Old Masters, New Subjects: Early Modern and Poststructuralist Theories of Will

Front Cover
Stanford University Press, 1995 - 260 pages
0 Reviews
Reviews aren't verified, but Google checks for and removes fake content when it's identified
The encounter between recent post-structuralist theory and a traditional idea of the Renaissance occasions this book. Its dual purpose is, first, to analyze early modern theories of the will and subjecthood and, second, to explore their relation to poststructuralist thought. It deals with discussions of will and mastery by five masters - Petrarch, Luther, Loyola, Teresa of Avila, and Galileo - in texts that have some autobiographical component. Each writer embodies a paradigmatic early modern discourse on will: humanism, theologies of the will, and the emergent discourse of scientific rationalism. All are structured by a tension between the desire for mastery and the acknowledgment that mastery is impossible. And all share a rhetoric of authority and voluntarism that seeks to compensate for the various forms of predestination or bondage of the will experienced by these writers.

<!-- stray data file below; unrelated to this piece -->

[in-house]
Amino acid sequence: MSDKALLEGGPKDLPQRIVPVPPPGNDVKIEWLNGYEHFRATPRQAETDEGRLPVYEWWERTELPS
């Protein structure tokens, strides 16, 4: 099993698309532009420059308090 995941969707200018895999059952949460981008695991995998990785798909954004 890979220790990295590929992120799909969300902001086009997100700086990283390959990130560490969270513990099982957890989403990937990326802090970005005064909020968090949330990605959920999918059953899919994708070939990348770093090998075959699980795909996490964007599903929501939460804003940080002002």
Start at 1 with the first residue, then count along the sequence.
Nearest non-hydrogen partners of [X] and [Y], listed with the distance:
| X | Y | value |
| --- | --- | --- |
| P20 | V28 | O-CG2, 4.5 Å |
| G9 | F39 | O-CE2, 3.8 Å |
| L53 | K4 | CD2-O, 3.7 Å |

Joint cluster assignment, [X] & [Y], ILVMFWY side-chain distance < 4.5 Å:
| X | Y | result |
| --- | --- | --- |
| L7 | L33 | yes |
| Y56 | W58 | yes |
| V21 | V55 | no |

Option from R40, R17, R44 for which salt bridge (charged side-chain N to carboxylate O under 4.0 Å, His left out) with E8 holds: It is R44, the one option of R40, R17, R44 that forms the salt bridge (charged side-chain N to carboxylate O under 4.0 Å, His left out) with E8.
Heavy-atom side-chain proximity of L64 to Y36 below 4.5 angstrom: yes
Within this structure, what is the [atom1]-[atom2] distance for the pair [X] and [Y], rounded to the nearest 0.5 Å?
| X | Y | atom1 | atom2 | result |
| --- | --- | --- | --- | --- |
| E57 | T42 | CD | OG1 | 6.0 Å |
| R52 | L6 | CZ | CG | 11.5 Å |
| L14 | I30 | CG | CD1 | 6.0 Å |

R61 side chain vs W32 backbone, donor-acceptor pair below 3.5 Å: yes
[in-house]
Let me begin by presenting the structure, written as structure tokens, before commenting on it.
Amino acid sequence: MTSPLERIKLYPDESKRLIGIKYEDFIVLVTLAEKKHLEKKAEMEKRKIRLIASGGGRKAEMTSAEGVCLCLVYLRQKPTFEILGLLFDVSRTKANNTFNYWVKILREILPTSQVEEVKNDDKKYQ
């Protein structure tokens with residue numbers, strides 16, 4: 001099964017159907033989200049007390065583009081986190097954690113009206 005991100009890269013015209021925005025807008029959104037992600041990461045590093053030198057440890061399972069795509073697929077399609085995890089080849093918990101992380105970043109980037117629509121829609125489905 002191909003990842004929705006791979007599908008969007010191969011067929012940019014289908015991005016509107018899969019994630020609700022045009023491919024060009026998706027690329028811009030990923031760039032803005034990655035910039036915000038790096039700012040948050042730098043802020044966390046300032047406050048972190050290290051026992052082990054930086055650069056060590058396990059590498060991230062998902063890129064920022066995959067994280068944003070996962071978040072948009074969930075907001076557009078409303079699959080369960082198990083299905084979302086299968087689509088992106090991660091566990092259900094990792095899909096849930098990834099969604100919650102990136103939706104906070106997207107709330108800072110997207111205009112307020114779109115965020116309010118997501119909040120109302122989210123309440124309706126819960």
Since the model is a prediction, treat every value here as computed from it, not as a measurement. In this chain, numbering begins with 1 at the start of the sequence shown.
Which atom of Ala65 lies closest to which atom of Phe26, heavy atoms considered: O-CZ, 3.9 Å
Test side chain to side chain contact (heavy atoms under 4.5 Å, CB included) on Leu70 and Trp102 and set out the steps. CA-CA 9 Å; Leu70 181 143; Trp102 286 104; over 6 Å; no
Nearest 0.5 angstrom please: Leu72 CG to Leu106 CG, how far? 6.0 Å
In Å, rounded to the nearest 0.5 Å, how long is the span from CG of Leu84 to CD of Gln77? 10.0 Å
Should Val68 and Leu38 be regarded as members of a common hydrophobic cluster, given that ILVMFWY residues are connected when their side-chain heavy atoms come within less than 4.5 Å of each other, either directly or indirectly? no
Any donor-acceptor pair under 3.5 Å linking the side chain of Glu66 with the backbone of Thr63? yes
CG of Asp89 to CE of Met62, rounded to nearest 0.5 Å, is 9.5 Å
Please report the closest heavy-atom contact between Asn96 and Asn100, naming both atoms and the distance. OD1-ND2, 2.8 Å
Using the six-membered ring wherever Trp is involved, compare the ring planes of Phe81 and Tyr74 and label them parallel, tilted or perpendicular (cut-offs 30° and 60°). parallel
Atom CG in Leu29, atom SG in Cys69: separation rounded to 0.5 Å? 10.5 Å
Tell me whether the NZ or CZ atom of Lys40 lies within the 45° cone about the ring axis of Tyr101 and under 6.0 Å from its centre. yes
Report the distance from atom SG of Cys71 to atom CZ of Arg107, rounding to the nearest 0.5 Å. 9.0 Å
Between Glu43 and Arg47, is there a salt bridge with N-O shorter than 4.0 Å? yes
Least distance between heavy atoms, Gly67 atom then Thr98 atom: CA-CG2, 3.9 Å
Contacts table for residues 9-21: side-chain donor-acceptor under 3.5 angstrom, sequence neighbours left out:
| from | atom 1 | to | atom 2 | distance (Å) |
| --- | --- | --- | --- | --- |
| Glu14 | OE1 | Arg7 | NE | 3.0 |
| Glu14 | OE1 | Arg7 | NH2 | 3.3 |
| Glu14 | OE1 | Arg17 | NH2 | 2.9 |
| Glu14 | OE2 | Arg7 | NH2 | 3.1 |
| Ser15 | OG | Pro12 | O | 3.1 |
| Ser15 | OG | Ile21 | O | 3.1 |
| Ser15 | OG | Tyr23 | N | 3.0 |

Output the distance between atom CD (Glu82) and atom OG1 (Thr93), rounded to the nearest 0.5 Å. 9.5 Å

What people are saying - Write a review

We haven't found any reviews in the usual places.


The Metamorphoses of the Subject in Critical Theory
The Fortunes of Francis Petrarch
Will and Bondage in Martin Luther Ignatius
Galileo and the Book of Nature

Common terms and phrases

Popular passages

Page iv - A limited nature in other creatures is confined within the laws written down by Us. In conformity with thy free judgment, in whose hands I have placed thee, thou art confined by no bounds; and thou wilt fix limits of nature for thyself.

About the author (1995)

Dolora A. Wojciehowski is Assistant Professor of English at the University of Texas, Austin.

Bibliographic information